Although there wasn't a V60 category, Yeovil's Pete Jakeman was the first 60 year old over the line, astonishingly managing to clock exactly the same time as last year - 45.26. Bet he can't do that a third year in a row but if he does I think a special award should be ready for him!

In the ladies race, Maiden Newton Runner's Lin Lascelles finished in first place in a time of 45.33 taking the first V40 prize with Dorset Doddler's Lynda Faulkner finishing a close second in 46.13 and taking second V40. The first senior lady home was Nicky Whitley of Egdon Health Harriers in 52.07 with Jacqui Pittaway of Royal Manor of Portland taking second in 56.09.

Both first and second V50 prizes went home with Egdon Heath Harriers - Gail Coverley (52.30) and Frances Anderson (54.18) respectively and indeed as far as the ladies race went it was a night when experience certainly counted with nine out of the first ten ladies all being vet runners.

Maiden Newton Runners is a small club and once again relied heavily on non running volunteers to help marshal and organise the event to it's usual high standard, largely thanks to Club Chairman Phil England who might have enjoyed a rest in the last week having competed successfully in an Ironman distance triathlon the preceeding weekend. Thanks also to Phil's long suffering wife, Jackie and the rest of his family who all get roped in to help out on the evening.

Andy Staples - Maiden Newton Runner

Dan Cantrell - Maiden Newton Runner

Egdon Heath Harriers were great supporters of the race as usual

Sunday, August 08, 2010

Haytor Heller

Sat 17th July saw the Westgates at the 25th Haytor Heller. Unusually this year it was held on a Sat evening and what a lovely evening it was. The race starts halfway up the steep slope of Haytor and you really want to pace it gently at the start. I thought I had started conservatively but as I got to the top my sphincter was certainly giving me some cause for concern; a mishap at this early stage would surely have been most unpleasant. Anyway things soon passed, I mean got better and I was pleased to glide past Lin. Soon we were into some very enjoyable fast downhill where I just wanted to fly.

Further into the race and on the climbs I expected Lin to come back past but I didnt see her again untill the finish. During the very narrow downhill bendy bit through the tall gorse the runner in front went down like a sack of spuds but within a second like a wounded wildebeest he was up and running again before I could go past him; very impressive.

Everything seemed to go fast and before I knew it I had finished posting my 2nd best time. About 1 min later Lin came flying through the finish and didn't stop. The lady on the T shirt desk looked at me quizically and I shrugged my shoulders as Lin dissapeared into the distance. Maybe the race was too short for her and she fancied a couple of extra miles.(in fact as we subsequently learned she was having a Paula experience! (Ive heard it said a laxative the night before and immodium in the morning helps).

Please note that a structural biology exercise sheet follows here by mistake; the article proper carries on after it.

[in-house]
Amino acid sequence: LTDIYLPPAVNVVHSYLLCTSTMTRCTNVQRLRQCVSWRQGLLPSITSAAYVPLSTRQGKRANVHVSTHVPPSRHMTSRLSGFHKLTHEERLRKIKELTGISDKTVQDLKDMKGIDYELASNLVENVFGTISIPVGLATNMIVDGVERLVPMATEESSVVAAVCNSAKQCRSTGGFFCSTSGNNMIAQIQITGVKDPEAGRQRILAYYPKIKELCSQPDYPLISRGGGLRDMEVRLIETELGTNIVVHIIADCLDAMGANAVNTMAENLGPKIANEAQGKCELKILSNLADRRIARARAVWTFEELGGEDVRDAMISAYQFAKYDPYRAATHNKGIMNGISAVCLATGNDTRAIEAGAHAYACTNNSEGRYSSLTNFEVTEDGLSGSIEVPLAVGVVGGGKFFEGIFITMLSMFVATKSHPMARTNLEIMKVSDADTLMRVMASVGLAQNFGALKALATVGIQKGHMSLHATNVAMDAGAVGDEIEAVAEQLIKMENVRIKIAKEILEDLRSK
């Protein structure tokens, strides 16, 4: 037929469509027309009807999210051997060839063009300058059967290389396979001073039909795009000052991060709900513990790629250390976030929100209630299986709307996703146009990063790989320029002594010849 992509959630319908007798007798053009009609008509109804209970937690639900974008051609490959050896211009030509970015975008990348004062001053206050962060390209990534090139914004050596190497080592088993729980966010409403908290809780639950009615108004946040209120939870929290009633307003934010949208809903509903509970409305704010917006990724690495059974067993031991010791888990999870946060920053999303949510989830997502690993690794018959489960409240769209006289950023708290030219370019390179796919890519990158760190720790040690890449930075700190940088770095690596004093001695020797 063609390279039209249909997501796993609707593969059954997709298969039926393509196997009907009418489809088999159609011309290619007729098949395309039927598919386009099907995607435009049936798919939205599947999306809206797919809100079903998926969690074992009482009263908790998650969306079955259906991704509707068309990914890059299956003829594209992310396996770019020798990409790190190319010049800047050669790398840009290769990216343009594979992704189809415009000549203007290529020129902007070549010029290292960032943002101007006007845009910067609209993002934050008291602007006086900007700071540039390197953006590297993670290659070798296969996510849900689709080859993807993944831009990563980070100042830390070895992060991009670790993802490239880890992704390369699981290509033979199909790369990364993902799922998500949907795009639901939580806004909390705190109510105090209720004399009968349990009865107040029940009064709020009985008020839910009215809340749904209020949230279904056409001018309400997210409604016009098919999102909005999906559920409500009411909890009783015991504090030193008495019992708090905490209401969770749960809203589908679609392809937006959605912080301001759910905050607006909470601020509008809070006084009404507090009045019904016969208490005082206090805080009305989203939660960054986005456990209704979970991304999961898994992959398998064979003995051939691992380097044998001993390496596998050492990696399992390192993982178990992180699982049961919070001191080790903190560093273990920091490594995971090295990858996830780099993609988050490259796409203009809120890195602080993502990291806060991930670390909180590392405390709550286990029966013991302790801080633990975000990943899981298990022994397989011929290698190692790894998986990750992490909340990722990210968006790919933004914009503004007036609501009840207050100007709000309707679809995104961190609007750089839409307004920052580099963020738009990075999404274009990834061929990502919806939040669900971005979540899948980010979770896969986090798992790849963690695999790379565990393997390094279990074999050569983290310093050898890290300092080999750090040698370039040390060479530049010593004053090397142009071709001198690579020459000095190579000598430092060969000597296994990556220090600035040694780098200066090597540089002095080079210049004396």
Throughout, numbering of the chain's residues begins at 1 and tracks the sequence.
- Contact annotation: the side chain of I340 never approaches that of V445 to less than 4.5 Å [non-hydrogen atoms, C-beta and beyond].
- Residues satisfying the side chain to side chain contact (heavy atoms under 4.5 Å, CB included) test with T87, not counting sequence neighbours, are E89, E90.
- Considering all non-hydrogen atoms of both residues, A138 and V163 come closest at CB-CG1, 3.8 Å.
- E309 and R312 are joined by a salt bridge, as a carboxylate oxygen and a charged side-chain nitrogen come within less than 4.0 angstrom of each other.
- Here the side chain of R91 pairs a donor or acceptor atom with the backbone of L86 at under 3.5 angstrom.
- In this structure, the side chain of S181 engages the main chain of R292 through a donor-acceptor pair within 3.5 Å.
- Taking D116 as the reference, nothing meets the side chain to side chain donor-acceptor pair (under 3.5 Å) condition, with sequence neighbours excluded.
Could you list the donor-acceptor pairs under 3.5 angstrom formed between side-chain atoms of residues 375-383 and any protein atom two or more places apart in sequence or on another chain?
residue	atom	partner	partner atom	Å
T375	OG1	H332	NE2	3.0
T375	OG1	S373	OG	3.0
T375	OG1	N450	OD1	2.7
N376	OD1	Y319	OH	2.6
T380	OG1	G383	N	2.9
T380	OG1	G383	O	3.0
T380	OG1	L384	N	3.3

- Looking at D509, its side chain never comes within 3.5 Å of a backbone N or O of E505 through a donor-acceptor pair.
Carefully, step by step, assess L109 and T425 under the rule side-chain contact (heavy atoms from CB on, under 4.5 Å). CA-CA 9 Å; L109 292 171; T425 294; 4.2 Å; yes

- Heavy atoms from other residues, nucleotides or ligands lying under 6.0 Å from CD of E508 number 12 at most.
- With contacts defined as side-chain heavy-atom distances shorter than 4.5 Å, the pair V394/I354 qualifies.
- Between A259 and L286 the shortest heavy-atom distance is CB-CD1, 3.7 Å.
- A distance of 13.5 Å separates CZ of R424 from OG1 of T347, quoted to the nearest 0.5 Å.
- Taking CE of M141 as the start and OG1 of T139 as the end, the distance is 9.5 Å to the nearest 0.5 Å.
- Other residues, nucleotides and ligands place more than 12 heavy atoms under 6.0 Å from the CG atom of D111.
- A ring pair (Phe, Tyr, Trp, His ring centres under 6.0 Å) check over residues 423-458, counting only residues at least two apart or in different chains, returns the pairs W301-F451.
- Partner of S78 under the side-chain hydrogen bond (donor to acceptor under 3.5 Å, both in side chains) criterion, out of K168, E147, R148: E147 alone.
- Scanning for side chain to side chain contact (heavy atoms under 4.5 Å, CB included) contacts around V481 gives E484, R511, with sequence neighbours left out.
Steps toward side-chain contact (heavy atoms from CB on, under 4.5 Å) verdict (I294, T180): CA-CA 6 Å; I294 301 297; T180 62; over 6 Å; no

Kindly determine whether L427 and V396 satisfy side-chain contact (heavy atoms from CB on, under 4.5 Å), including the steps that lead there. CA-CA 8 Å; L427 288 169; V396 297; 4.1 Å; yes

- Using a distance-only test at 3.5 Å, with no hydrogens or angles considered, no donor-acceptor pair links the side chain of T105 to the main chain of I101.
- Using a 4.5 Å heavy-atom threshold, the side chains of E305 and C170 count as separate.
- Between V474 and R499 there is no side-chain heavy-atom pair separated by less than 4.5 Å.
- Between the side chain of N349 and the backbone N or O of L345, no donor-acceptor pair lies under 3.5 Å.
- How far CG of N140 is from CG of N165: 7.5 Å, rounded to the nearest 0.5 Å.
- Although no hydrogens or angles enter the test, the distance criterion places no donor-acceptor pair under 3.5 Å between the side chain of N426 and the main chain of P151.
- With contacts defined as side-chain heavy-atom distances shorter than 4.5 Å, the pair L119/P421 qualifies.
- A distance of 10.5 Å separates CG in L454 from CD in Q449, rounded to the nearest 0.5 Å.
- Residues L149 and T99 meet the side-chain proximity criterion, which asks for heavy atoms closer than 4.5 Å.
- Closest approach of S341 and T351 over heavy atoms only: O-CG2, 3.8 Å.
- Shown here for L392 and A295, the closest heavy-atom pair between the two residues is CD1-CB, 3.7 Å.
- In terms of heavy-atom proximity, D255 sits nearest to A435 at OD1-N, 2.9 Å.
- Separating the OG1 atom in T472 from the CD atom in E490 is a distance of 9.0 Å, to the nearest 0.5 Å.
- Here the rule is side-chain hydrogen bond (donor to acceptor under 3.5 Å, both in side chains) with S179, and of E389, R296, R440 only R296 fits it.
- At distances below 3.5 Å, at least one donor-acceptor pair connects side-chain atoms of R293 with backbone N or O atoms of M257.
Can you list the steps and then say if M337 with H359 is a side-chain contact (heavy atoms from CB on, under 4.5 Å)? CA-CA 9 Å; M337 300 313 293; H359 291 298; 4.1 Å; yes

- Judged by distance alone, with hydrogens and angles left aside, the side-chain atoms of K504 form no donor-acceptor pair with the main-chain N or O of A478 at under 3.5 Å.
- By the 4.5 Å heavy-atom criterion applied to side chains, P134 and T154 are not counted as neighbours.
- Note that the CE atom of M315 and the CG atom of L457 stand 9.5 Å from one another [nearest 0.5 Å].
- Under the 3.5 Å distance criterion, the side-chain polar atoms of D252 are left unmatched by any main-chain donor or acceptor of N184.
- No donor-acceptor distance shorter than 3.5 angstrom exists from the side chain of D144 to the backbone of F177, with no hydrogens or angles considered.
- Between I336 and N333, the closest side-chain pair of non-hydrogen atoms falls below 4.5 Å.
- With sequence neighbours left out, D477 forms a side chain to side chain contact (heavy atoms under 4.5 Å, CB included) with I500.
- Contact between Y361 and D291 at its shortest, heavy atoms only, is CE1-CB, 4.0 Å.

Back in the clubhouse I asked Martin if he had won anything; "Well yes actually 1st MV55." Martin asked Lin if she had won anything. "Well I think 1st FV45." Lin asked if I had won anything. "Well 2nd MV55 perchance." Turning to Lesley I enquired politely if she had won anything. Glowering under a mane of unruly hair "a PB but bugger all" she spat.

Haselbury Trail

Wed. 4th Aug saw the Westgates at the Haselbury Trail Race. Once again blessed with fine weather although at times the wind was strong enough for me to draught behind a large bloke.It's reassuring to know that some things in life remain the same; there's the same field where a herd of cows threaten to charge the unwary runner as he threads his way down to the gate. Another hazard was the bright sun low in the sky blinding even through sunglasses as we picked our way up the stony track. (Lesley came well prepared with a peaked cap which solved the problem, however she thinks she left the favourite cap in the clubhouse)
After the initial downhill charge I settled into a reasonable pace without pushing too hard. My target and rival Paul Chadwick went on ahead. It took some time to catch him and on a grassy downhill I changed gear, went past and gradually built a 53 second lead by the finish. My next target became Pete Jakeman who for a couple of miles was only 3 places ahead. Off road suits me and I thought I would have enough advantage to catch him but he kept up a very strong pace. Towards the finish two youngsters (probably under 16) went past putting 5 runners between us. Pete might be fairly ancient but he can certainly show a clean pair of heels!

Thanks to Ironman Phil for cheering us on at various places; it does make a difference even on a short race like this. My 47:18 was my 2nd best in several attempts. Lesley's 55:15 was her best. Also present were Martin and Lin both recording good times 43:14 and 45:29 respectively earning 1st M vet 50 and 2nd F prizes. Martin's time a bit slower than in 2004 when he posted 42:37 finishing 12th although he was 9th this year. Overal another good race and I think everyone mentioned enjoyed it and were pleased with the results.